General Strain Theory And Native Suicide
General strain theory (Agnew 1992) is one of the more empirically studied theories in criminology, and it shares similarities to Pearlin and colleagues’ theoretical work (1981) related to stress processes. In many ways, the heart of what Agnew and Pearlin are discussing in their theoretical frameworks is the ways in which stress can be understood and interpreted to explain negative behaviors or outcomes such as deviant behavior and poor mental health. Research is growing on the unique impact that stress may have on AI/AN populations (Nock et al. 2008). Stress is argued to be a mechanism that leads to alcohol use, depression, and PTSD for AI/ANs, which, in turn, increases risk for suicidal ideation (Kraus and Buffler 1979; Waldrop et al. 2007). (Jerreed Ivanich & Brent Teasdale (2018) Suicide Ideation among Adolescent American Indians: An Application of General Strain Theory, Deviant Behavior, 39:6, 702-715, DOI: 10.1080/01639625.2017.1304799).
Agnew’s general strain theory (now referred to as GST) states that strain is present in any of three conditions: 1) one is prevented from achieving positively valued goals, 2) one has positively valued stimuli removed or threatened to be removed from their possession, and 3) one is presented with or threatened to encounter a negative or noxious stimulus. When one or multiple strains are present in one’s life, it has the potential to produce negative feelings such as anger, anxiety, frustration, and depression. These negative emotions conceptually require different forms of coping, some of which is prosocial and some of which is antisocial. Stress has been found to contribute to poorer health practices, increased disease risk, mental health disorders, and suicide (Cohen, Janicki- Deverts, and Miller 2007; Pearlin 1999; Preston 2006). (Jerreed Ivanich & Brent Teasdale (2018) Suicide Ideation among Adolescent American Indians: An Application of General Strain Theory, Deviant Behavior, 39:6, 702-715, DOI: 10.1080/01639625.2017.1304799).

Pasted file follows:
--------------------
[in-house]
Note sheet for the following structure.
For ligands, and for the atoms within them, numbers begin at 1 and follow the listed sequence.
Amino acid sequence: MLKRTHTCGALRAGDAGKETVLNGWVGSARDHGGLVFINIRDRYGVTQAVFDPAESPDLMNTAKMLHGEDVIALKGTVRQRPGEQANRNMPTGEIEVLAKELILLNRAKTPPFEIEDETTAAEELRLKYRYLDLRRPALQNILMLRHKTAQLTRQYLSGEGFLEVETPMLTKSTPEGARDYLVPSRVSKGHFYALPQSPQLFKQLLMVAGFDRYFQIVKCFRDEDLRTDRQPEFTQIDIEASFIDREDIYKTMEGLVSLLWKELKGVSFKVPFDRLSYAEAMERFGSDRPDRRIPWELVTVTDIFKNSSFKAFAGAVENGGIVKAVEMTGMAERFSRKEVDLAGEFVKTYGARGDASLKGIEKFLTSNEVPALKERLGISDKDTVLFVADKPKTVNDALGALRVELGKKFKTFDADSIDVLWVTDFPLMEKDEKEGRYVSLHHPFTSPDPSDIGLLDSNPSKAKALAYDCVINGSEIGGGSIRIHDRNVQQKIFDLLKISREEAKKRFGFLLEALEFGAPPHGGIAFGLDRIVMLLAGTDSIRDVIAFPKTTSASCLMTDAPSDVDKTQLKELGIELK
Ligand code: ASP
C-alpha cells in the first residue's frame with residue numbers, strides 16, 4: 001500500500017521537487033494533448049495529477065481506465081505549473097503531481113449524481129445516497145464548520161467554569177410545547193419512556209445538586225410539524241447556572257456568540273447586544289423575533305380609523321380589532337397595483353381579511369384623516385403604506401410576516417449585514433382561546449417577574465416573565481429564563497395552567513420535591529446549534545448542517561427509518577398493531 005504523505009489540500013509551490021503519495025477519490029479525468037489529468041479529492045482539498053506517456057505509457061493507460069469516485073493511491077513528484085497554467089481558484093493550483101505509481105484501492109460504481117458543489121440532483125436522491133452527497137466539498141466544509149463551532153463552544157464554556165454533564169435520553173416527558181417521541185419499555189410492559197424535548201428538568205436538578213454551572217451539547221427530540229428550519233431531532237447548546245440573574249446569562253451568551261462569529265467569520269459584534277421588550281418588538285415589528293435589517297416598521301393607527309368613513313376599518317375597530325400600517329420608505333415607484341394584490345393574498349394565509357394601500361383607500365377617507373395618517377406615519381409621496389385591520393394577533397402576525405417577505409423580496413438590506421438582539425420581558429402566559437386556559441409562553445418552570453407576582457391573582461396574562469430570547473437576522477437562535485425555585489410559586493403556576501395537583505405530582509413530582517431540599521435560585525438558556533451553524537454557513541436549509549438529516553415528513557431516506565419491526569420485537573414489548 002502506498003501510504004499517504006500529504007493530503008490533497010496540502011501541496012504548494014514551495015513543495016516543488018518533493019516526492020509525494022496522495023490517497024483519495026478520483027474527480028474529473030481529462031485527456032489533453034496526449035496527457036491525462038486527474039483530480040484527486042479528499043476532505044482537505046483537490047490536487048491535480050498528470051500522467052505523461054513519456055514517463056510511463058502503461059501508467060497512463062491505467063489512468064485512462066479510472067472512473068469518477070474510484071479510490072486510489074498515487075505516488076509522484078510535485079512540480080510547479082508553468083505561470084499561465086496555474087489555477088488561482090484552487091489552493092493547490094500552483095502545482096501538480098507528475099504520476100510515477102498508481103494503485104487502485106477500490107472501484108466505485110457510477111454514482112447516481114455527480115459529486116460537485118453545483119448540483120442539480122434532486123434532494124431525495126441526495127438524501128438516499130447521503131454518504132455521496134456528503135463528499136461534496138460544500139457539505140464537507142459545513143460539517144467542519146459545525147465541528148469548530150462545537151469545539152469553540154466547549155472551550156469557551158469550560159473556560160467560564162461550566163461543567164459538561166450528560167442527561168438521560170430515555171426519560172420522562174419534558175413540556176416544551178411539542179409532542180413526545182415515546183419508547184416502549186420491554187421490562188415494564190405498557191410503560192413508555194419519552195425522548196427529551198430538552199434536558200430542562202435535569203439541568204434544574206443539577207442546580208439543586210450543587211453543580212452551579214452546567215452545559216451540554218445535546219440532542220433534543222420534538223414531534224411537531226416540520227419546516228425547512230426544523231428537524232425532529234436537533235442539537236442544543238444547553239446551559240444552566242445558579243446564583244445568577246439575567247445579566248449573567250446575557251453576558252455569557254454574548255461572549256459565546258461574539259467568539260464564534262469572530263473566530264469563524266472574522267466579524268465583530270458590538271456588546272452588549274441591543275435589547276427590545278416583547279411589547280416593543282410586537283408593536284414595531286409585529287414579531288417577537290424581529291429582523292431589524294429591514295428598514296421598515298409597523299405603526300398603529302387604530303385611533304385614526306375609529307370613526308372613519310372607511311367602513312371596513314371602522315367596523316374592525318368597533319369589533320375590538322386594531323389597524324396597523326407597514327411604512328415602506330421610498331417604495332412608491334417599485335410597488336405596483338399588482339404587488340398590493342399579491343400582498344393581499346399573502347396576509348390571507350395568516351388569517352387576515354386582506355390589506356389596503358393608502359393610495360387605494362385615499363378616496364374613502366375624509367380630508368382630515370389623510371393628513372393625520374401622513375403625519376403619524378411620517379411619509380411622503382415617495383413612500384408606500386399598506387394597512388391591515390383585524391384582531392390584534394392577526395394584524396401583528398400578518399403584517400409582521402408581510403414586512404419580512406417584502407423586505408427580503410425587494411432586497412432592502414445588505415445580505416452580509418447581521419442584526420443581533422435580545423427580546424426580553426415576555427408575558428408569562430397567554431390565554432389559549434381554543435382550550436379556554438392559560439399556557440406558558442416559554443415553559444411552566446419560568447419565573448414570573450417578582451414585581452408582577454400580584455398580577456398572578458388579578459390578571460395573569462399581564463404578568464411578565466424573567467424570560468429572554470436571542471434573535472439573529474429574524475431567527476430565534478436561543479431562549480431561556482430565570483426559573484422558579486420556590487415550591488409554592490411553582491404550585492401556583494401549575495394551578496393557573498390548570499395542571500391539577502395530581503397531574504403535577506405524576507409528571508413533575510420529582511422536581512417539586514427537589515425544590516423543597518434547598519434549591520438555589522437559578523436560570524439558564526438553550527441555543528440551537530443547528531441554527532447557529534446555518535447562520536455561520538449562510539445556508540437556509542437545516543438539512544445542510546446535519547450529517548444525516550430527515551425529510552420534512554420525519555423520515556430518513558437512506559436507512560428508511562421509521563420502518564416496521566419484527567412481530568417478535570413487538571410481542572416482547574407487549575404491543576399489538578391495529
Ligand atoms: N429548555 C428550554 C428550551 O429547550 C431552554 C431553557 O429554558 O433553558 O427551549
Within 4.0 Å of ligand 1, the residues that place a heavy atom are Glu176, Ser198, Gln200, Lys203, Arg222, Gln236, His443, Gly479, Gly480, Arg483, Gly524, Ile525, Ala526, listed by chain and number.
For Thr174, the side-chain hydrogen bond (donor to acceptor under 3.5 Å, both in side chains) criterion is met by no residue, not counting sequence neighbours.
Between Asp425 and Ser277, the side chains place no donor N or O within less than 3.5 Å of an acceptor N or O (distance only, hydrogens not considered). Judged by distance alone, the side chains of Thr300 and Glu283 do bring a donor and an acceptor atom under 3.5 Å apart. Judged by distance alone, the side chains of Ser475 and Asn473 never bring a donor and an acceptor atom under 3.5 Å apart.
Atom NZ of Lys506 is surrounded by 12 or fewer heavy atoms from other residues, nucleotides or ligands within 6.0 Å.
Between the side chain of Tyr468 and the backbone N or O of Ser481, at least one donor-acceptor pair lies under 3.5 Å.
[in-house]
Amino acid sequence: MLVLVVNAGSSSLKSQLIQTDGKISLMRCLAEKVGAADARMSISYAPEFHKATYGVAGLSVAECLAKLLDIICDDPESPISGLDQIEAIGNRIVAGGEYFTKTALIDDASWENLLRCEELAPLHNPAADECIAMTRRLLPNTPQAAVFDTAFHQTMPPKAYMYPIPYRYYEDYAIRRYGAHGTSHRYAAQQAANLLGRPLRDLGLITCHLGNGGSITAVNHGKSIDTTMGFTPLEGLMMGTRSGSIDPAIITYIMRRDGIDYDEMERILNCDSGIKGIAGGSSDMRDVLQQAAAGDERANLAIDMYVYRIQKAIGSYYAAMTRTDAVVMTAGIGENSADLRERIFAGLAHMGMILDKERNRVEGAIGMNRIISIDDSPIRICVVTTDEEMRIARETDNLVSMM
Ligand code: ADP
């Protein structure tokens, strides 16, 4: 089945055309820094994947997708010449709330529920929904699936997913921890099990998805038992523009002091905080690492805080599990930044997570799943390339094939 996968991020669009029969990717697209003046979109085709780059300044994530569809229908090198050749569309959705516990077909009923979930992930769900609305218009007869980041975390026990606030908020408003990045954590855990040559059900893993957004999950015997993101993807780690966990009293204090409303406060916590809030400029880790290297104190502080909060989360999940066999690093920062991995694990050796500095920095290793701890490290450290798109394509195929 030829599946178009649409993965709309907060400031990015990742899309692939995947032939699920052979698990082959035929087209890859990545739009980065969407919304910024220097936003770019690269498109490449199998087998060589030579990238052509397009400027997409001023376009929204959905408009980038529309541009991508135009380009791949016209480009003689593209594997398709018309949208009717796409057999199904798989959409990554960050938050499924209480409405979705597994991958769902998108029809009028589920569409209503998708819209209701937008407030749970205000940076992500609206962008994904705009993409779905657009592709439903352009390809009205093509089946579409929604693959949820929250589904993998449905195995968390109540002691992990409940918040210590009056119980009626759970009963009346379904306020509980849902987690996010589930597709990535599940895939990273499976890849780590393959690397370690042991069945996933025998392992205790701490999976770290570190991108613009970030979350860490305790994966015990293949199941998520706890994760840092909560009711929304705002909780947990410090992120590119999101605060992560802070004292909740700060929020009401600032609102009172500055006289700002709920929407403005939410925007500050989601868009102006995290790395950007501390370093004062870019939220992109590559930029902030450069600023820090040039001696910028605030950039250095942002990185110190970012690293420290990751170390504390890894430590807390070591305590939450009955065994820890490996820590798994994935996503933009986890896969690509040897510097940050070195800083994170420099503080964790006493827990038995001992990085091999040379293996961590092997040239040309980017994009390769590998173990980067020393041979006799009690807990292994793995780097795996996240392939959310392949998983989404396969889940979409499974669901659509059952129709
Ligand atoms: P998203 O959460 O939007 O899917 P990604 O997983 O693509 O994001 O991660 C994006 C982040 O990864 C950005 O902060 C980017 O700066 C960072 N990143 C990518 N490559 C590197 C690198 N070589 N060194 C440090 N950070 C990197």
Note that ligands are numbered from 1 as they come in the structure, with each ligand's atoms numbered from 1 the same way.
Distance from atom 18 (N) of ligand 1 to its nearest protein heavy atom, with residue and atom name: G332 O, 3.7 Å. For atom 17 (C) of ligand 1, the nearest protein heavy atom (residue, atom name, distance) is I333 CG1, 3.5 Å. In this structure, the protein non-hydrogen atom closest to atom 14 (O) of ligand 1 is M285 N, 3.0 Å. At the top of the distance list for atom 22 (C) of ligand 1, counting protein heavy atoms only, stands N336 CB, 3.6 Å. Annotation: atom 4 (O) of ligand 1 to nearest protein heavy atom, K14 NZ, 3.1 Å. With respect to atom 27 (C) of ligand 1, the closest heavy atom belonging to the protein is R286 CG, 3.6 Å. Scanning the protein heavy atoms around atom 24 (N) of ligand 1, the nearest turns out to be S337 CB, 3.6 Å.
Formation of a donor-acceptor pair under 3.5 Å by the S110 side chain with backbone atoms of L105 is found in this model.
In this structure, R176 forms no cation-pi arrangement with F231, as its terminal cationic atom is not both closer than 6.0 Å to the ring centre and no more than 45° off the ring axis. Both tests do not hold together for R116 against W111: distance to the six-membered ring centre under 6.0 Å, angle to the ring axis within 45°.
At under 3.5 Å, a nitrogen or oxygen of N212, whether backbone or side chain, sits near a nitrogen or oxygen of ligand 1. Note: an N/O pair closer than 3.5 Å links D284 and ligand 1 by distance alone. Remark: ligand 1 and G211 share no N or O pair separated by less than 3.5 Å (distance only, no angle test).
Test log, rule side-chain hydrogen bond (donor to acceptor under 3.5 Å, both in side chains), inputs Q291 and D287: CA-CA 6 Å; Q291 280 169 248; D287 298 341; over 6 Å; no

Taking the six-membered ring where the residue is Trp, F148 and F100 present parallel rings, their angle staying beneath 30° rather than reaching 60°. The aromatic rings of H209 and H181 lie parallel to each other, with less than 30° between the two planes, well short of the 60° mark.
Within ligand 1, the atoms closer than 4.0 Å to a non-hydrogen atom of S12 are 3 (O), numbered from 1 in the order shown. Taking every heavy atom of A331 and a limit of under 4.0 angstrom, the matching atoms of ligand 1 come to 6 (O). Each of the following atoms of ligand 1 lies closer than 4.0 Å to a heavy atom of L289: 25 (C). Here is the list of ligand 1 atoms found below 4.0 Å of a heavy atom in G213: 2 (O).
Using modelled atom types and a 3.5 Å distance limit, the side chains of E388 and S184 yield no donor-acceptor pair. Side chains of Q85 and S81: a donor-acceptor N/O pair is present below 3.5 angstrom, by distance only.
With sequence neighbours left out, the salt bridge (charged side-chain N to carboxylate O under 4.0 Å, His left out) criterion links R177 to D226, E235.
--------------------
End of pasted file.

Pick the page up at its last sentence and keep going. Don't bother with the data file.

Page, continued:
Specifically, studies have shown the stress process to be an effective tool in determining the predictors of suicide (Irwin and Austin 2013). Stack and Wasserman (2007) studied traditional strain concepts and also included economic strains in their study of suicide and found that 43 of the 62 cases studied were categorized as being under strain at the time of suicide. Thus, the work of Agnew creates a backdrop for understanding what predictive factors should be considered in this current study. The following sections will discuss in more detail the predictive factors commonly associated with suicide and suicidal ideation, from a GST framework. (Jerreed Ivanich & Brent Teasdale (2018) Suicide Ideation among Adolescent American Indians: An Application of General Strain Theory, Deviant Behavior, 39:6, 702-715, DOI: 10.1080/01639625.2017.1304799).
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